During laparoscopic surgery, your doctor makes four to six smaller cuts in your belly; with open surgery, large cuts are required. The doctor will then utilize a small, flexible instrument with a tiny camera on the end (an endoscope) that’s connected to a video monitor.  Your surgeon will use the endoscope to navigate the stomach and pass the instruments through the small cuts.

Once the surgery is over, you’ll stay in the hospital for one to two days, and your doctor will give you information about when you can resume being active, how to care for your incisions and other details about the recovery process. You’ll be monitored for any possible complications, such as fever, wound infection, and vomiting or diarrhea.

Close-up of person measuring unbuttoned-pant waist with measuring tape.

How is this procedure effective in the short term?

Most patients are put on a liquid-only diet for the first week or two after surgery. Over the next month, you’ll be able to add soft food and eventually regular food back into your diet. Since your stomach will be much smaller, you’ll feel full more quickly than you did before your surgery.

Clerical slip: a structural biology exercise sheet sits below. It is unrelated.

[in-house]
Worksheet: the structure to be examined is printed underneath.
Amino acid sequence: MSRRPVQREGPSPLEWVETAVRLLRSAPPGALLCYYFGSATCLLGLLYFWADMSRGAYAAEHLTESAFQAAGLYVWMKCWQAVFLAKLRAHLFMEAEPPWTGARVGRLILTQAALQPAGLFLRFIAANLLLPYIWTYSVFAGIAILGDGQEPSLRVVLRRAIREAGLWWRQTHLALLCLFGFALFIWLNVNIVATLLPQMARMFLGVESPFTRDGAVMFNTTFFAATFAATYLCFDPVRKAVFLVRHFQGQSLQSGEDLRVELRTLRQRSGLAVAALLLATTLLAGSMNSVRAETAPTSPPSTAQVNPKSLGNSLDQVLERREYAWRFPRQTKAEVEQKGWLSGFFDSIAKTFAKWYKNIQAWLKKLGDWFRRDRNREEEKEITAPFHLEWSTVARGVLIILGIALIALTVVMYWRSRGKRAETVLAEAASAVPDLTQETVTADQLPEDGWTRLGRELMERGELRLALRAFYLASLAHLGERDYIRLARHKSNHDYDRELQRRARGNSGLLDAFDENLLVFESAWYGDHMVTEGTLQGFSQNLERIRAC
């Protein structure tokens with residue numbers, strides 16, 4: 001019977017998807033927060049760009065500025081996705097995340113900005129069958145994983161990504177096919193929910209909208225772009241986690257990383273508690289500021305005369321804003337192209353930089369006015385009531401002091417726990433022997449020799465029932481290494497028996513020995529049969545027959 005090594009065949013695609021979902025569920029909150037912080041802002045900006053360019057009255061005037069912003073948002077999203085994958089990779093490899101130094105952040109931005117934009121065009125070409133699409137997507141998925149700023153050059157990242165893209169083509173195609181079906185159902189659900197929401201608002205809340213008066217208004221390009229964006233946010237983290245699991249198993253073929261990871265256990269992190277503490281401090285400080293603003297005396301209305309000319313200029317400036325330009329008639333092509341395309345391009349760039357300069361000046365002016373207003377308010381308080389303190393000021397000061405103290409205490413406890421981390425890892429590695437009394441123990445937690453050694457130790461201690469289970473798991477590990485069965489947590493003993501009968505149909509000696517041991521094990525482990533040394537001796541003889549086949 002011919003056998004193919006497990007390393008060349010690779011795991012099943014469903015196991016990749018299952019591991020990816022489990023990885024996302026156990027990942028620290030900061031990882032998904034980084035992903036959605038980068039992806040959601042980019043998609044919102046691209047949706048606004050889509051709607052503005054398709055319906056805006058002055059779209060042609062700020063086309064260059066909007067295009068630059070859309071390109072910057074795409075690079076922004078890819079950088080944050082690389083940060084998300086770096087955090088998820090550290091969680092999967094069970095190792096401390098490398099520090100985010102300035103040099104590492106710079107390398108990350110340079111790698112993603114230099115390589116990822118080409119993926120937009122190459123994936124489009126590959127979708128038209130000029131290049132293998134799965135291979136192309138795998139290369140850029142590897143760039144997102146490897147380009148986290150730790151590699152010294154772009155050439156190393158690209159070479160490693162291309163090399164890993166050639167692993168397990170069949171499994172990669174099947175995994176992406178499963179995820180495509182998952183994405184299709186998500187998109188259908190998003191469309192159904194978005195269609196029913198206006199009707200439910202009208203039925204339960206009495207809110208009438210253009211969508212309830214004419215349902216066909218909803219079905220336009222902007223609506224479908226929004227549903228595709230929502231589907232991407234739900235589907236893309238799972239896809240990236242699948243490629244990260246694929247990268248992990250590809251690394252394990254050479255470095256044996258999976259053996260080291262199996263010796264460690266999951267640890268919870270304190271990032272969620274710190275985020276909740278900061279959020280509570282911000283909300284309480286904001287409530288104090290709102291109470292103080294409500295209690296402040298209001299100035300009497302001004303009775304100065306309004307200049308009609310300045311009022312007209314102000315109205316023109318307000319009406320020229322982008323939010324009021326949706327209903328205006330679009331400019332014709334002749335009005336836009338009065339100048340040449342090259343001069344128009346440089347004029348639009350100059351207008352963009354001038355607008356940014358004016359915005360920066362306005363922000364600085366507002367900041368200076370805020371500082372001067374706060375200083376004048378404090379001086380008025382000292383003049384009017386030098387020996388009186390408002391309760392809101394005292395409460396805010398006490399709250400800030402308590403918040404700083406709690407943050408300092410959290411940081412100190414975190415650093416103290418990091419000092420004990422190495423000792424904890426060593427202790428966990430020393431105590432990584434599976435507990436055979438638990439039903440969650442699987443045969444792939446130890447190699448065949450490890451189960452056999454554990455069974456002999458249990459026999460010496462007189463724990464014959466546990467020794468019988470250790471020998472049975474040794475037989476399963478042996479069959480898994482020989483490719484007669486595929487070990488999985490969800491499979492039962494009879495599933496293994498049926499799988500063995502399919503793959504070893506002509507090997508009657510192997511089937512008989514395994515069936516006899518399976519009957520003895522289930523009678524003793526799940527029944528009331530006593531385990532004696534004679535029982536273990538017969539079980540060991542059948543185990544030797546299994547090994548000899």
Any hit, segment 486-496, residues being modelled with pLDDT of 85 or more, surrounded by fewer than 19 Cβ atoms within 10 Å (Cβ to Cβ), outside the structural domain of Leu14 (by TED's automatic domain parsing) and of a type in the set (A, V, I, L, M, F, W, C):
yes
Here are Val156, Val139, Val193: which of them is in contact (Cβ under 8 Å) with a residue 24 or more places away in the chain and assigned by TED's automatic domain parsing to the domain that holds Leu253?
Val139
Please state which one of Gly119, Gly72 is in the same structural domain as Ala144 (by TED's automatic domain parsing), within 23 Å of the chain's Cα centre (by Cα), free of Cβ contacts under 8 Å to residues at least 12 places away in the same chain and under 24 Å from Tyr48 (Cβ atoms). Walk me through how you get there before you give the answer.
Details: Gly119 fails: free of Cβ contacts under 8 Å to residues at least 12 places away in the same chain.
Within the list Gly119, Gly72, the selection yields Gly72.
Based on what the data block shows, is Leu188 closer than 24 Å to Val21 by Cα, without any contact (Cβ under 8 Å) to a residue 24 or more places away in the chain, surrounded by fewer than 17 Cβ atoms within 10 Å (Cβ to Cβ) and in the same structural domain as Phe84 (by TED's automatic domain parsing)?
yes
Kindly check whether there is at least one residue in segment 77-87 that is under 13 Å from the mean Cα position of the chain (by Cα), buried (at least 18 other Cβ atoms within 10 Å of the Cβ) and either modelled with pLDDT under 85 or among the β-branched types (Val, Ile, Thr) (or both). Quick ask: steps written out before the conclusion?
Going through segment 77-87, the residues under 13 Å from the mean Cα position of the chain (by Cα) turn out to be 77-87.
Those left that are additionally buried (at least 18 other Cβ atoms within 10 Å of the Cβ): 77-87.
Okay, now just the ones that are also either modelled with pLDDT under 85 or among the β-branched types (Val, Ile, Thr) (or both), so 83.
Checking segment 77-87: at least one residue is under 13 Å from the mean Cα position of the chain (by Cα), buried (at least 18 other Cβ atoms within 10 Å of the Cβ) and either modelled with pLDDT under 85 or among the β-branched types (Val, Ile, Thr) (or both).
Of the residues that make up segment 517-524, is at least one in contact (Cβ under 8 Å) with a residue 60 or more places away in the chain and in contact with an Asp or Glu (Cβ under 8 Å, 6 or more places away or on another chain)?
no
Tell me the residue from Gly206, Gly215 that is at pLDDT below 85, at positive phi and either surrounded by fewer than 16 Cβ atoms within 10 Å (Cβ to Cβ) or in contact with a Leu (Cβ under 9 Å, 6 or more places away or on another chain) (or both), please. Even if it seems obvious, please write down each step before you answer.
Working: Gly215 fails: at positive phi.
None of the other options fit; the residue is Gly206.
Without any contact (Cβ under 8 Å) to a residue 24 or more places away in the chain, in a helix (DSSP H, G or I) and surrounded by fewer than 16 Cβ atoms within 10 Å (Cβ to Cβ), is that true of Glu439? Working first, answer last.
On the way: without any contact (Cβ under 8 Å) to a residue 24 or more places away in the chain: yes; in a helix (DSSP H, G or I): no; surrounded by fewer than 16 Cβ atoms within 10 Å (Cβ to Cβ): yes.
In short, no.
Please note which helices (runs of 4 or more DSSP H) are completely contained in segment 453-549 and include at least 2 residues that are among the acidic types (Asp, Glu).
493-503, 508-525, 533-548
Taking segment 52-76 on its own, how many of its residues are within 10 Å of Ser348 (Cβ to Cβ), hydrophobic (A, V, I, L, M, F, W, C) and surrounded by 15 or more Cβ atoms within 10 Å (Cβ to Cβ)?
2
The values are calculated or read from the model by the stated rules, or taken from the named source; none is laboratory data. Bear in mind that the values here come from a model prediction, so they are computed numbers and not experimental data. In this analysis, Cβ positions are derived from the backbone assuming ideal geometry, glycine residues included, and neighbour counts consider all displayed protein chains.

Your body won’t be able to handle sugary or starchy foods as well immediately following the surgery. Eating these foods will likely cause you to experience what’s referred to as “dumping syndrome” within just a few minutes.

Symptoms of dumping syndrome include the following:

  • Vomiting
  • Diarrhea
  • Abdominal pain
  • Sweating
  • Shakiness
  • Rapid heart rate

Dumping lasts about 30 to 45 minutes, and if you’ve experienced this syndrome, you’re unlikely to want to repeat the experience. The motivation of avoiding dumping syndrome will help you make better food choices while avoiding sugary, starchy foods that are often high in calories while providing little nutritional benefit.

Your stomach will be able to only hold a fraction of the amount of food it was previously able to accommodate because of the size reduction. In addition to the practical effects on the amount you can eat, gastric bypass surgery is likely to decrease your hunger and make you feel full and satisfied more quickly. The procedure reduces the amount of ghrelin—a hormone that helps stimulate your appetite—that your stomach produces. If your body is producing less ghrelin, you’ll feel hungry less often.